U.S. agency significantly raises Chinese oil demand outlook
Associated Press New York
Chinese oil demand will grow by 33 percent more than previously forecast this year, as the expected drop in demand for fuel to run power generators hasn't materialized, the statistics arm of the U.S. Department of Energy said.
Most forecasters have expected Chinese oil demand growth to slow significantly this year from last year's searing pace, as new power plants are built and demand for diesel fuel to run generators falls off. But the power shortages are proving trickier to fix than expected, which will keep demand high and markets tight.
"People have been anticipating that the demand for burning diesel fuel for power would slow down," said Erik Kreil, the analyst responsible for the Energy Information Administration's China forecast. "So far, the data keeps saying, 'No, it's not slowing down."'
The EIA on Tuesday revised its forecast for 2005 growth in Chinese oil demand to 800,000 barrels a day, down from last year's pace of 1 million barrels a day but up from the 600,000 barrels a day in growth the agency forecast last month.
That strong demand, combined with a more pessimistic outlook for growth in oil production outside the Organization of Petroleum Exporting Countries, will keep oil markets tight and subject to price spikes through 2006, Kreil said.
The EIA, in its monthly Short Term Energy Outlook, boosted its forecast for oil prices, saying it sees benchmark U.S. prices in the mid- to high-US$40s through 2006.
"A lot of that is because Chinese demand is still strong," Kreil said. "As long as demand doesn't fall by 1 million barrels a day, this market's not going to loosen up."
The EIA sees oil demand growing by about 2 million barrels a day in 2005 and 2006, much faster than non-OPEC oil supply.
On Tuesday, the EIA cut its forecast for 2005 growth in non- OPEC supply to 600,000 barrels a day, down from a forecast of 900,000 barrels a day last month. The agency sees non-OPEC supply growing by 1 million barrels a day in 2006, down from 1.5 million barrels a day in its last forecast.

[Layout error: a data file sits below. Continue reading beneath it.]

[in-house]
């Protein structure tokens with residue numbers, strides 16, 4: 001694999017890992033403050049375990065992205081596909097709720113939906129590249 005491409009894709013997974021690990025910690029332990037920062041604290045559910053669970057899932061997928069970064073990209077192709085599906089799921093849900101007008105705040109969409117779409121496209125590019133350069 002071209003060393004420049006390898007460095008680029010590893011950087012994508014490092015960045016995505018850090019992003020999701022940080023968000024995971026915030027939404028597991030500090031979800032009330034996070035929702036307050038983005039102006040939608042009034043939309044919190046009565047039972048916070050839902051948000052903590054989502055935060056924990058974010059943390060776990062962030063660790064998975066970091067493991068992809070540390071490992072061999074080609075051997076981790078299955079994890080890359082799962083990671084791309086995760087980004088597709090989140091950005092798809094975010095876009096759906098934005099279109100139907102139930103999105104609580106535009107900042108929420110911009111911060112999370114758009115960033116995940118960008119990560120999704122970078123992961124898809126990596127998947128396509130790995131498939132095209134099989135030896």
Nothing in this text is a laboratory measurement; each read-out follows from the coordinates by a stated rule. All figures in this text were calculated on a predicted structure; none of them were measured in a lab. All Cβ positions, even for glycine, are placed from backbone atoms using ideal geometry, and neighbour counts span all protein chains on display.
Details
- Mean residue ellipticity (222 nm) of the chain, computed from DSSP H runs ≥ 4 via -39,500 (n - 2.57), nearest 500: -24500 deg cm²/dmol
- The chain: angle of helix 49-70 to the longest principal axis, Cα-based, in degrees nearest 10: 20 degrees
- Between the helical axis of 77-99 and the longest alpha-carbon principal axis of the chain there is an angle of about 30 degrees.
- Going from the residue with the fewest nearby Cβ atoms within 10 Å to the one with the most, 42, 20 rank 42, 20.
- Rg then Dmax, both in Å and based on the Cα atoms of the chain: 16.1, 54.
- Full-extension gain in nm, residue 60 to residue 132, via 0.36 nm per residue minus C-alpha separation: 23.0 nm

"It is emphasized that oil prices are likely to be sensitive to any incremental supply tightness that appears during periods of peak demand worldwide," the EIA said in the release. "Imbalances (real or perceived) in light product markets could cause light crude oil prices (such as West Texas Intermediate) to increase to well above $50 per barrel, as has recently occurred."
Oil prices rose to past $55 a barrel on Tuesday in New York.
China's power-supply problem is the result of broad difficulties with the reliability of the electricity grid, not just a lack of power plants, Kreil said. Bottlenecks and lack of access to the grid are keeping demand for on-site generators high.
The EIA thinks that demand will eventually be satisfied, but has pushed back the date. The agency sees Chinese oil demand growth slowing to 500,000 barrels a day next year, still a significant increase.
"The more we find out about it, the more it becomes apparent there won't be a sudden sharp slowdown to where it was," Kreil said of Chinese demand.
The EIA now sees the Chinese consuming 7.4 million barrels a day of oil in the third quarter and 7.6 million barrels a day in the fourth, up 200,000 barrels a day in each case. The agency also bumped up its first and second quarter forecasts for Chinese demand by 100,000 barrels a day.
The agency raised its forecast for 2005 world oil demand by 200,000 barrels a day, to 84.7 million barrels a day, mainly on the strength of the growth in China.
The EIA tinkered with its outlook for U.S. oil demand, trimming it in the first quarter and raising it for the rest of the year, with consumption seen averaging 21 million barrels a day in the second half.
The agency sees U.S. demand averaging 20.84 million barrels a day this year, up 10,000 barrels a day from its previous forecast.